In Issue Three, Appellant argues the trial court erred in denying his motion for a mistrial based on alleged improper closing arguments made by the State. Appellant concedes that his trial counsel failed to make a timely objection. Appellant insists, however, that the argument was so prejudicial that an instruction to disregard would not have been sufficient to remove the harm. Further, Appellant argues this was fundamental error so egregious that he was denied a fair and impartial trial, and thus, no objection was needed to preserve the issue for appeal.


Generally, in order to preserve a complaint for appellate review, a party must have presented to the trial court a timely request, objection, or motion, stating the specific grounds for the ruling he desired the court to make if the specific grounds were not apparent from the context. Tex.R.App.P. 33.1. In order for Appellant to complain on appeal about erroneous jury argument, he must show that he objected at trial and pursued his objection to an adverse ruling. Cockrell v. State, 933 S.W.2d 73, 89 (Tex.Crim.App. 1996). Pursuing an objection to an adverse ruling ordinarily requires a party to first object to the argument, request an instruction to disregard, and then move for a mistrial. Cockrell, 933 S.W.2d at 89; Calderon v. State, 950 S.W.2d 121, 138 (Tex.App. -El Paso 1997, no pet.). Even if the State=s argument was so prejudicial that an instruction to disregard would not have cured the error, as Appellant suggests, he would still be required to make a timely objection and move for a mistrial. Mathis v. State, 67 S.W.3d 918, 927 (Tex.Crim.App. 2002).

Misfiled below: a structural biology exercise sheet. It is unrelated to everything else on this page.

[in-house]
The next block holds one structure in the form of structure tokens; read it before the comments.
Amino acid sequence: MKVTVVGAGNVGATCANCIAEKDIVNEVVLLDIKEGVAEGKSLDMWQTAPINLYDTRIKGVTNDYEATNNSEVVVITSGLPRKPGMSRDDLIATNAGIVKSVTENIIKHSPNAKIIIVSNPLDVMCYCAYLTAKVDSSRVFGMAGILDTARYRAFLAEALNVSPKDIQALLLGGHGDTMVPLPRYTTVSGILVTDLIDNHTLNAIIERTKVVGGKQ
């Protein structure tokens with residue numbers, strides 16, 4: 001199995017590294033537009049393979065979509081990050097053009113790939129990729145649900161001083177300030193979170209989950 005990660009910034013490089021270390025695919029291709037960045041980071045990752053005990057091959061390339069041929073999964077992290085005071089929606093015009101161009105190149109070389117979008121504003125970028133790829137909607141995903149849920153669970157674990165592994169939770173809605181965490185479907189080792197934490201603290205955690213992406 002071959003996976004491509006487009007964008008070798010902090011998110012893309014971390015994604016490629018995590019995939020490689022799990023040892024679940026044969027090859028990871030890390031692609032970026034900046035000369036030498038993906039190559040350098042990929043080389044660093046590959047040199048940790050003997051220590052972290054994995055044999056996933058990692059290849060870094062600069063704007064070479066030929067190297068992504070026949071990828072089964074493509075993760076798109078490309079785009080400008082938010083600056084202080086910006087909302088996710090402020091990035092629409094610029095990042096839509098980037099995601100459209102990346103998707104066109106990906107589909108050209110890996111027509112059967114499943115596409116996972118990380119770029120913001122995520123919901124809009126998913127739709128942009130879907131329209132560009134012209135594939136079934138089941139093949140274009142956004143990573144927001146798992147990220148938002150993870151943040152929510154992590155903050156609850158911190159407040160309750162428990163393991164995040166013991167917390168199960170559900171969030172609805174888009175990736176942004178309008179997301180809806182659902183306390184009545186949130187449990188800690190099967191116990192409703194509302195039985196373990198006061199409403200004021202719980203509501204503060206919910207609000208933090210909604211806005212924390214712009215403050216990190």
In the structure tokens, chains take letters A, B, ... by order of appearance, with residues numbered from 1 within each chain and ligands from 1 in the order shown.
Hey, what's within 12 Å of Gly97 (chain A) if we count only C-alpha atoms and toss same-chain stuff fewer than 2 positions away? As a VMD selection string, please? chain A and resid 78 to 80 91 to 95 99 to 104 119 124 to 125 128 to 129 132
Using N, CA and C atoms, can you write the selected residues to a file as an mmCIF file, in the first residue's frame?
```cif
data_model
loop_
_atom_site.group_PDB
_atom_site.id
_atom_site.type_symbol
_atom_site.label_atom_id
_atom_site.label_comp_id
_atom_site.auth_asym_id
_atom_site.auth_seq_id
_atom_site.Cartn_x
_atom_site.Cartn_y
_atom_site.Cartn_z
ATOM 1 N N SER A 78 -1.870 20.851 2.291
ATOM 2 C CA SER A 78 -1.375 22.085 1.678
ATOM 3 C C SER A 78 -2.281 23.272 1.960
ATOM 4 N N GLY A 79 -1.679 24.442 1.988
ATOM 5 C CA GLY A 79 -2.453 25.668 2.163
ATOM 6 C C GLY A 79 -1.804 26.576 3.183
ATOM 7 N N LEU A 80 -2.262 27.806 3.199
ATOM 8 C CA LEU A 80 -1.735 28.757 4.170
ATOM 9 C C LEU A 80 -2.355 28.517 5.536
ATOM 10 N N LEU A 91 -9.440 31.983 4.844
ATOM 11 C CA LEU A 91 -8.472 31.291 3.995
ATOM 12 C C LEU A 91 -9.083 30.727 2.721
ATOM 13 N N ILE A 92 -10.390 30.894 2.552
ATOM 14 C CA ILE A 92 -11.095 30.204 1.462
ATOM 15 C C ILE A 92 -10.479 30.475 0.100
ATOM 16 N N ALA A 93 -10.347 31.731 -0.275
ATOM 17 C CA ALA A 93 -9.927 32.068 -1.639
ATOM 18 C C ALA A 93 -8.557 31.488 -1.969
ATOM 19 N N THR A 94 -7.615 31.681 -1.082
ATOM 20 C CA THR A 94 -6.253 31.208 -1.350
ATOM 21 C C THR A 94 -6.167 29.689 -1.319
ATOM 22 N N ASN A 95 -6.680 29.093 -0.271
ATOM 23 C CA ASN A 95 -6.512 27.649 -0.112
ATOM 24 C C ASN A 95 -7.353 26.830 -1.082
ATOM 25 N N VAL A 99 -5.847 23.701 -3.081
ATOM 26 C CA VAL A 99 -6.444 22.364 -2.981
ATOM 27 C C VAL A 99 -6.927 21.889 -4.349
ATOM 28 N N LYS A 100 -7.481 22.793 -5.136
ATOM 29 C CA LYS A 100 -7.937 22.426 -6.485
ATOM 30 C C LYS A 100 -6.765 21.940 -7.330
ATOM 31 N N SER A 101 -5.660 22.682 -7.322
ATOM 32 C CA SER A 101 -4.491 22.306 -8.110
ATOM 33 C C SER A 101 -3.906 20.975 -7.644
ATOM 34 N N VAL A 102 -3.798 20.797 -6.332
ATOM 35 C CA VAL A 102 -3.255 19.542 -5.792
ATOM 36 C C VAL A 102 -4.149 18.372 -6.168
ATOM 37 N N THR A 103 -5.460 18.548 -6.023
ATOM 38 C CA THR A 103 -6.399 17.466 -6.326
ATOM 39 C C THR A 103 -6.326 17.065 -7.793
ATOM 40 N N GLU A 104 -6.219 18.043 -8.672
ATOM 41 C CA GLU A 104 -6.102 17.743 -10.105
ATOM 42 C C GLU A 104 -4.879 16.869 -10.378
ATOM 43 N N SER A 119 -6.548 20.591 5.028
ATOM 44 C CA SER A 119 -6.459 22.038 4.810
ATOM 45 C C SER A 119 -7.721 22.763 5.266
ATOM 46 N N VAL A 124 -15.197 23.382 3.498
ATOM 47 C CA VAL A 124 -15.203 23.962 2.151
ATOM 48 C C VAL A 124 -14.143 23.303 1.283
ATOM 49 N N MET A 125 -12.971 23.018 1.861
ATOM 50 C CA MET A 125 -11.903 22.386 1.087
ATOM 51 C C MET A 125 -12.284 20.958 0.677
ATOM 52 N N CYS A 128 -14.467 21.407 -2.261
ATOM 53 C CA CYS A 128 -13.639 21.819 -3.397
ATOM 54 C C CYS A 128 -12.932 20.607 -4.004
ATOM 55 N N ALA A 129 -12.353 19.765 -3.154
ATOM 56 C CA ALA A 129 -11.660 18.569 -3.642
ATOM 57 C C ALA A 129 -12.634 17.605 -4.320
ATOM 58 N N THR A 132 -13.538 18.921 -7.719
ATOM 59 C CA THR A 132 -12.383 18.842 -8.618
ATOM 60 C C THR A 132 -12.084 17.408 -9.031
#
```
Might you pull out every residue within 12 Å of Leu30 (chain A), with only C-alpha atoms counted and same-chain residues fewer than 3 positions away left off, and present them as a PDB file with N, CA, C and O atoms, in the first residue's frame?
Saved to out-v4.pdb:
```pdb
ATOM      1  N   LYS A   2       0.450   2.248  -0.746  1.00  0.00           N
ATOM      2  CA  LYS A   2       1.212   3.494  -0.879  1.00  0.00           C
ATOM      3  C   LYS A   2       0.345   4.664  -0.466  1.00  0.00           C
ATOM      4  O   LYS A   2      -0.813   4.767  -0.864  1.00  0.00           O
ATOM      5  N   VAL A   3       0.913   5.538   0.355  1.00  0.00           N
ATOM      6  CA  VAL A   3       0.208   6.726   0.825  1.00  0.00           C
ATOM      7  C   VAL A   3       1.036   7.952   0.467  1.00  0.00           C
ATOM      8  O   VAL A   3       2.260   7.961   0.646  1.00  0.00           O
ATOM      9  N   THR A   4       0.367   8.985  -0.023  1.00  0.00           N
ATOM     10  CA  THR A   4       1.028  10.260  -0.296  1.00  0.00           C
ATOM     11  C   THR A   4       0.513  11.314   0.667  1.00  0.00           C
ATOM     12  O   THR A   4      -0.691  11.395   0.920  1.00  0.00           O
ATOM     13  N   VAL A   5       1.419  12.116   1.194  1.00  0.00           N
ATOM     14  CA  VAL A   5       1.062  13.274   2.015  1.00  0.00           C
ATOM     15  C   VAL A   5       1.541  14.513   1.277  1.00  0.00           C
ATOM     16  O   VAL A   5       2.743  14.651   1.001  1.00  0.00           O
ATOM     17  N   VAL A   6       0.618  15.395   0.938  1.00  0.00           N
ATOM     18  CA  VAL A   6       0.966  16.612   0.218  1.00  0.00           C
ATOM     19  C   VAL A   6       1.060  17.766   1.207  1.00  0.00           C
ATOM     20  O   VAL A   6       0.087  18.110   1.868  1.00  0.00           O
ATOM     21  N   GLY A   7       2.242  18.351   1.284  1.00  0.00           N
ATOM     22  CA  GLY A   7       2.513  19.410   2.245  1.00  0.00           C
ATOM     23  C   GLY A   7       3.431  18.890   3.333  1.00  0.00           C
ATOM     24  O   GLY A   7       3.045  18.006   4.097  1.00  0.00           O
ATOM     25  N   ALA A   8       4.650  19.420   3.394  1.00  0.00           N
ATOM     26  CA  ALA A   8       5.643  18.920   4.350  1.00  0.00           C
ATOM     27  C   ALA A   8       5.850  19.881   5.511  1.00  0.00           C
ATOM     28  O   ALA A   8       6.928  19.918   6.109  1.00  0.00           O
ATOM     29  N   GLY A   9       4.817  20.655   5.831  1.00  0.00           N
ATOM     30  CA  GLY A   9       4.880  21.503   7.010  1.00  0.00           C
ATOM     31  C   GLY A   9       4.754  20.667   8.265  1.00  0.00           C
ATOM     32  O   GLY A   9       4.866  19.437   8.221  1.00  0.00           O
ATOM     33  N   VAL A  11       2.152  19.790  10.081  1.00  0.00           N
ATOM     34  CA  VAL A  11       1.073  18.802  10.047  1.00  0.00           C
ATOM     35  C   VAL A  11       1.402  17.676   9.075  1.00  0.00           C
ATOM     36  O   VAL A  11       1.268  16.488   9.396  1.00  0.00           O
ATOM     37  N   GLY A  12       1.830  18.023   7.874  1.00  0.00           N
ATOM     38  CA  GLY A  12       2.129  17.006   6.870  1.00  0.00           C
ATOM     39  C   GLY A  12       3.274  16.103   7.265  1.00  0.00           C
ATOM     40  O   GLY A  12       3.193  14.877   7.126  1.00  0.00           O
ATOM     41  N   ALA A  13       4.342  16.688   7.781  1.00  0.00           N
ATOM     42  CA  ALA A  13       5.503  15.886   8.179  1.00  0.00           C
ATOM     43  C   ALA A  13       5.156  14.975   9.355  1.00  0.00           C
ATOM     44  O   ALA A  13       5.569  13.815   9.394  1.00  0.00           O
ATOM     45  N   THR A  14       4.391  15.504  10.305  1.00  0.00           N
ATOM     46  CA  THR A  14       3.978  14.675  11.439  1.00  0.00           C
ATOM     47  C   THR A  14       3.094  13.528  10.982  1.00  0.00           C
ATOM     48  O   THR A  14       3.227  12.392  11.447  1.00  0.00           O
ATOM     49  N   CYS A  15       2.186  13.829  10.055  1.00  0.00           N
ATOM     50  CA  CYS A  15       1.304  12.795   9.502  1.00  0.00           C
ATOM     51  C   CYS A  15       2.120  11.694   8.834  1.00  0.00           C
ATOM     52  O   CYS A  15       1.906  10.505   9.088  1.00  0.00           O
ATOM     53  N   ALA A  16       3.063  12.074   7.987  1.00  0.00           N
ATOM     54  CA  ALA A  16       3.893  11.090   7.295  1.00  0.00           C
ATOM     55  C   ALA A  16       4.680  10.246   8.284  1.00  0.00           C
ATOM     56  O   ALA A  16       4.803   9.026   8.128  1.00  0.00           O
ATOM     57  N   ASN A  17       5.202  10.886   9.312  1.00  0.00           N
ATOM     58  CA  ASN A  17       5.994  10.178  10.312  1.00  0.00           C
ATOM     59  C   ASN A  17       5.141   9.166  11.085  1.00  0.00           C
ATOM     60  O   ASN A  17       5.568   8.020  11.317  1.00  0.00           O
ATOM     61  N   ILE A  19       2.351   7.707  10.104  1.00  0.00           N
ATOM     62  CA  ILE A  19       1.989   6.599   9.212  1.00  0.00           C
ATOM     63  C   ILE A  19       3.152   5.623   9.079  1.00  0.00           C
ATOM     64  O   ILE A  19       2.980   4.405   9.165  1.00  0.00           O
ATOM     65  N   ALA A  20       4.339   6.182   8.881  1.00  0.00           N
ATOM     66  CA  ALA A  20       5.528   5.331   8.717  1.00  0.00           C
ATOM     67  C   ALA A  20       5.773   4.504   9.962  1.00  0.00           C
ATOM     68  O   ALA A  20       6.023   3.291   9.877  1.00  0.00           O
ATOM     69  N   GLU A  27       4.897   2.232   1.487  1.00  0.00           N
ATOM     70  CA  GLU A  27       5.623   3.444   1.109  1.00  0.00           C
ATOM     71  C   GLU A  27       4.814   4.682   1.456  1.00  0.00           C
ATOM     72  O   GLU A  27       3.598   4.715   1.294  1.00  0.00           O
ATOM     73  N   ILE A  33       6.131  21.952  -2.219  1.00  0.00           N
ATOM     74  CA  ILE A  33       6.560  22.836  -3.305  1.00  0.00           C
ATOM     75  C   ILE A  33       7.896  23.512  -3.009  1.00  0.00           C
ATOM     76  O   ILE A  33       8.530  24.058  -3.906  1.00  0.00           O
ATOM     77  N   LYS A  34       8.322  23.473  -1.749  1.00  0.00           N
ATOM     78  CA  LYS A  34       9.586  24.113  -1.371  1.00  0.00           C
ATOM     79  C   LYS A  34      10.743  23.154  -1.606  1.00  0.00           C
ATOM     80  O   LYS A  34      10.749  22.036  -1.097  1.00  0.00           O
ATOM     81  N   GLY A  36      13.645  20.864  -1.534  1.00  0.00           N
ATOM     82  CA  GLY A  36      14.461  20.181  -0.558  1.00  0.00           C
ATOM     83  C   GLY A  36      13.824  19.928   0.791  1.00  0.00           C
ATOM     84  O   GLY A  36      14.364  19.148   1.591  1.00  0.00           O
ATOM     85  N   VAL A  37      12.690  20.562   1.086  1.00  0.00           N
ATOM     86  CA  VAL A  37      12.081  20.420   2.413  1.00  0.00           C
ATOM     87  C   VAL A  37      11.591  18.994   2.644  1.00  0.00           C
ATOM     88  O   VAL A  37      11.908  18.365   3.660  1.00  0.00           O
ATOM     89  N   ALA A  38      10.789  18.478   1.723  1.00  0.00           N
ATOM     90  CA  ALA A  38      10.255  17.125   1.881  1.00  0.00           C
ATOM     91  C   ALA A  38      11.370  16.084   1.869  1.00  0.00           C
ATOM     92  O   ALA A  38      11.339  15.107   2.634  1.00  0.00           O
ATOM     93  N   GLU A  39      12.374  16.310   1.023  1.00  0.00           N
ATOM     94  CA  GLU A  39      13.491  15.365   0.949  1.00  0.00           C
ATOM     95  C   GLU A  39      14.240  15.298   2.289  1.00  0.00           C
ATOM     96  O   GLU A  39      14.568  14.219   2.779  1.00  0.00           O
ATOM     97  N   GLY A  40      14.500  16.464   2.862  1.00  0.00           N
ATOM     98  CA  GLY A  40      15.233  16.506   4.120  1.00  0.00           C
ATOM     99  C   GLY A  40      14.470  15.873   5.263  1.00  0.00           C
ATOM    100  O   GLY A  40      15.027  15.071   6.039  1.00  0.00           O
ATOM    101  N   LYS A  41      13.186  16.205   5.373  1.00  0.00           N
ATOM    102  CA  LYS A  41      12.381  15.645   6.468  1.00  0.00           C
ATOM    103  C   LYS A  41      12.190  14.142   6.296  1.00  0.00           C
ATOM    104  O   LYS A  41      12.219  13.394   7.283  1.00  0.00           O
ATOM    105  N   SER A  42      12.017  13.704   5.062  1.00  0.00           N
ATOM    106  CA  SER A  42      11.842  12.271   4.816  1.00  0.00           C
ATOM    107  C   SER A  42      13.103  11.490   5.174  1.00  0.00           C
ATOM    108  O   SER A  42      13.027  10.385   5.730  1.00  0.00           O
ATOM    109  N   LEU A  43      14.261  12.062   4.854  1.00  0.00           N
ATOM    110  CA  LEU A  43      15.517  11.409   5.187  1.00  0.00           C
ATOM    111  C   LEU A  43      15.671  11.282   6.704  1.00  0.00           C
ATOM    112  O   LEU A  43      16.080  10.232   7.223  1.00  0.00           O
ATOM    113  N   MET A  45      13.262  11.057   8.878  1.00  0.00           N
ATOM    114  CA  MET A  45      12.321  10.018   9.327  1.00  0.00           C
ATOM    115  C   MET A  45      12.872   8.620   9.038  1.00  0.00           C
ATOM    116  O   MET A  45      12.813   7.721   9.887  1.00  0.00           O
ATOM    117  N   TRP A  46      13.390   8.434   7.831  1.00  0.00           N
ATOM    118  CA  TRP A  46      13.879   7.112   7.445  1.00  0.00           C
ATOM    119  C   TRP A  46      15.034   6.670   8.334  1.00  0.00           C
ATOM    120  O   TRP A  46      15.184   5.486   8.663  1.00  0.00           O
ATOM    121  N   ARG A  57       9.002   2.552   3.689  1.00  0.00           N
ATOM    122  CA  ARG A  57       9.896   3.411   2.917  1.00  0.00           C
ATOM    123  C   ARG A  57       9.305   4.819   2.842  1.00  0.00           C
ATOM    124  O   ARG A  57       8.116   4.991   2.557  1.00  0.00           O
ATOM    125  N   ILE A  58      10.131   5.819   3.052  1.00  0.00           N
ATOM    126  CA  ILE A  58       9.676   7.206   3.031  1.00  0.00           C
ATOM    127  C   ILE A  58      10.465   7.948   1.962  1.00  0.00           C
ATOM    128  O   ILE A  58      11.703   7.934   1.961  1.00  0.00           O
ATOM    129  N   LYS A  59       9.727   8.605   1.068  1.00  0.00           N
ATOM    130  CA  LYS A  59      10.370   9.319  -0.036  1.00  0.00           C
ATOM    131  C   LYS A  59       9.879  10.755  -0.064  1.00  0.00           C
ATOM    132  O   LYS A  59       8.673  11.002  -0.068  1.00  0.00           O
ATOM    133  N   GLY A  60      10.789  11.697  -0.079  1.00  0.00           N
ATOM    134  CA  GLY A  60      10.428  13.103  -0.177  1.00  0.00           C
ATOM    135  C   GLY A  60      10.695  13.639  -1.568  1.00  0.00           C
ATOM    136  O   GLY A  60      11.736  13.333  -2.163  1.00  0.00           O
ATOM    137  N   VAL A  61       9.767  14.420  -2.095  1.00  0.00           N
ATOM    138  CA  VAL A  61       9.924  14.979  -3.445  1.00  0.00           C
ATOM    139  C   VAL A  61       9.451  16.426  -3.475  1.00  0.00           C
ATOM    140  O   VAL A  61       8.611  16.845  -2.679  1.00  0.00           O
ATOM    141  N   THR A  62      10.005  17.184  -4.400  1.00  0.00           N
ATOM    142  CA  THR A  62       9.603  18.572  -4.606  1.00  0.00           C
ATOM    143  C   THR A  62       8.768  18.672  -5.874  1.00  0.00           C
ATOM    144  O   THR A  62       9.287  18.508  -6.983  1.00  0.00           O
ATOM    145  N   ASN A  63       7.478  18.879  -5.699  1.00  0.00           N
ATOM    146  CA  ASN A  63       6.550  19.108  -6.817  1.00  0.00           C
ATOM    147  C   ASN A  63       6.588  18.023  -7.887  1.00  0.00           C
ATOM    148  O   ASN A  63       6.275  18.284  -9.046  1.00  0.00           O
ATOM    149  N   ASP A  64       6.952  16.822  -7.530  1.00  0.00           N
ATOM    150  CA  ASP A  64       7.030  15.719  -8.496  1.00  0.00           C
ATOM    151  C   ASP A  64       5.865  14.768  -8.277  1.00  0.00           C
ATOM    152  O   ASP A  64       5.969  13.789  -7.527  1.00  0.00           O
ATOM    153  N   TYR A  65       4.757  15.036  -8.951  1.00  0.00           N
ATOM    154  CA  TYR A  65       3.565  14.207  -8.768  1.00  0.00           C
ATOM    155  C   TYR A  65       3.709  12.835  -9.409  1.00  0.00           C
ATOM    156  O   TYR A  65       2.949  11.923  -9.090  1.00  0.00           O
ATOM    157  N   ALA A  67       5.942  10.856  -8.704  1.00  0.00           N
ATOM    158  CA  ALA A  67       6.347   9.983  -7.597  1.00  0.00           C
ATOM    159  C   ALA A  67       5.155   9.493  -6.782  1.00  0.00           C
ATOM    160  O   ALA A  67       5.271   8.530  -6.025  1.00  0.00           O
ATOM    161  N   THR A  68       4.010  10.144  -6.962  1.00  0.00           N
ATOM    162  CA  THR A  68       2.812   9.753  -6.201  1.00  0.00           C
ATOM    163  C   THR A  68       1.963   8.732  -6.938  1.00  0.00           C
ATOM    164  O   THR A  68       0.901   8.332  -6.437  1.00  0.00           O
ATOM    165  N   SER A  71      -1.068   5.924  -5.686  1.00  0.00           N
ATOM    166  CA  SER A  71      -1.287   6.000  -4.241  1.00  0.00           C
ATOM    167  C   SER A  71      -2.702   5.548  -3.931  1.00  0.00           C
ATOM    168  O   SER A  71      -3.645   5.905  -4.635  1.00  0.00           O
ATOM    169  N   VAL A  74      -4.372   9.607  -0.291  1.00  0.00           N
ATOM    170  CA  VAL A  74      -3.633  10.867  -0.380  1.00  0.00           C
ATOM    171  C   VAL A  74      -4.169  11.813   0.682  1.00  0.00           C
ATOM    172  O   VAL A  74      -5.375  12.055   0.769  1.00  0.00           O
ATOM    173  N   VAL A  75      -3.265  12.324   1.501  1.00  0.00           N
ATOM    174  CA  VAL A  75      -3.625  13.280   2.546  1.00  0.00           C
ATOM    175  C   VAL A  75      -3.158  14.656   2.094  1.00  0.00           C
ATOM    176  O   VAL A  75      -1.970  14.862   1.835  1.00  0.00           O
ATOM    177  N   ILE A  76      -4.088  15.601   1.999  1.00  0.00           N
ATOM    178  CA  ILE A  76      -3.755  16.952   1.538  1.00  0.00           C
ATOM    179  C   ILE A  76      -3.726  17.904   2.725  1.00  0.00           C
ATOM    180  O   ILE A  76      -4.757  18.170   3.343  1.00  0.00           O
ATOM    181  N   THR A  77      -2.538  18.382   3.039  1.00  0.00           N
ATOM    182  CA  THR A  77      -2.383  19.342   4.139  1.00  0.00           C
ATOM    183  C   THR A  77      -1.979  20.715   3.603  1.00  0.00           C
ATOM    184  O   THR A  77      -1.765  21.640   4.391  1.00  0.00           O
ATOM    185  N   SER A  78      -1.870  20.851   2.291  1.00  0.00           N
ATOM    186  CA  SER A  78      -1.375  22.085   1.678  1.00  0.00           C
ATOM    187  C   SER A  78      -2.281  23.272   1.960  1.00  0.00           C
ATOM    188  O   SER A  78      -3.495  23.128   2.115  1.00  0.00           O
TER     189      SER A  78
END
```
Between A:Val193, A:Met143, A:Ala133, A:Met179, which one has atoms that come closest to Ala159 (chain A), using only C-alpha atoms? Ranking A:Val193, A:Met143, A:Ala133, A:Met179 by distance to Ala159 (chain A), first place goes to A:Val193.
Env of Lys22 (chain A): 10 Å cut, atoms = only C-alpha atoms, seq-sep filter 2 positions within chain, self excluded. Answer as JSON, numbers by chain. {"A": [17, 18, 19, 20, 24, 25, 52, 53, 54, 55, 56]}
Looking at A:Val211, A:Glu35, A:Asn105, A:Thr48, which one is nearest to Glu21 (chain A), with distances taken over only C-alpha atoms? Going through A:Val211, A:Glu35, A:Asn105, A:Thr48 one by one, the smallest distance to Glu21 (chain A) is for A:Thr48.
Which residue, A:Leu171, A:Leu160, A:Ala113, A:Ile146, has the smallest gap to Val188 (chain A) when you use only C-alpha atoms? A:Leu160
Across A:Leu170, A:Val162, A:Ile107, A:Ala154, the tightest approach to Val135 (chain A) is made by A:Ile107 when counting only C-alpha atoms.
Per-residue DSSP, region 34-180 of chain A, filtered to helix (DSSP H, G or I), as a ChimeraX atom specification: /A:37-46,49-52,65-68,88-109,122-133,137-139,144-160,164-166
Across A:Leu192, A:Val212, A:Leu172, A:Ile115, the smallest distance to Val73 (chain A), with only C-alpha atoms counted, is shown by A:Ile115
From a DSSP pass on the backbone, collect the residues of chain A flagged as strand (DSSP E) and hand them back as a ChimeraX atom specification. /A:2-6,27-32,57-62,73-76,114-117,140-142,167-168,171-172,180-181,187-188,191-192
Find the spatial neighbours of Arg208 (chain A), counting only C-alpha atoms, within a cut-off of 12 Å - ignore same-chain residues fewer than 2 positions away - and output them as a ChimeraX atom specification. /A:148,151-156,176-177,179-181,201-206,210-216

Appellant points to statements made by the prosecutor during closing as evidence of impermissible comments to the jury about punishment and prejudicial remarks about being charged with felony DWI. Counsel for Appellant did not object to any alleged error but instead made his closing argument. The jury then retired to deliberate. It was not until after the trial court received a message from the jury and informed the parties that the jury had reached a unanimous verdict that Appellant=s trial counsel moved for a mistrial based on the State=s closing argument. The trial court denied Appellant=s motion and received the jury=s verdict of guilty. In this case, Appellant=s trial counsel did not make a contemporaneous objection, request an instruction for the jury to disregard the objectionable portions of the State=s argument, or timely move for a mistrial. Therefore, Appellant has failed to preserve this issue for our review. See Tex.R.App.P. 33.1; Cockrell, 933 S.W.2d at 89; Calderon, 950 S.W.2d at 139. Further, improper jury argument is one of those rights that is forfeited by a failure to insist upon it and is not fundamental error that may be raised for the first time on appeal. See Cockrell, 933 S.W.2d at 89; see also Calderon, 950 S.W.2d at 137. Issue Three is overruled.


We affirm the trial court=s judgment.

October 19, 2006


Before McClure, J., Chew, J., and Barajas, C.J. (Ret.)

Barajas, C.J. (Ret.)(Sitting by Assignment)

(Do Not Publish)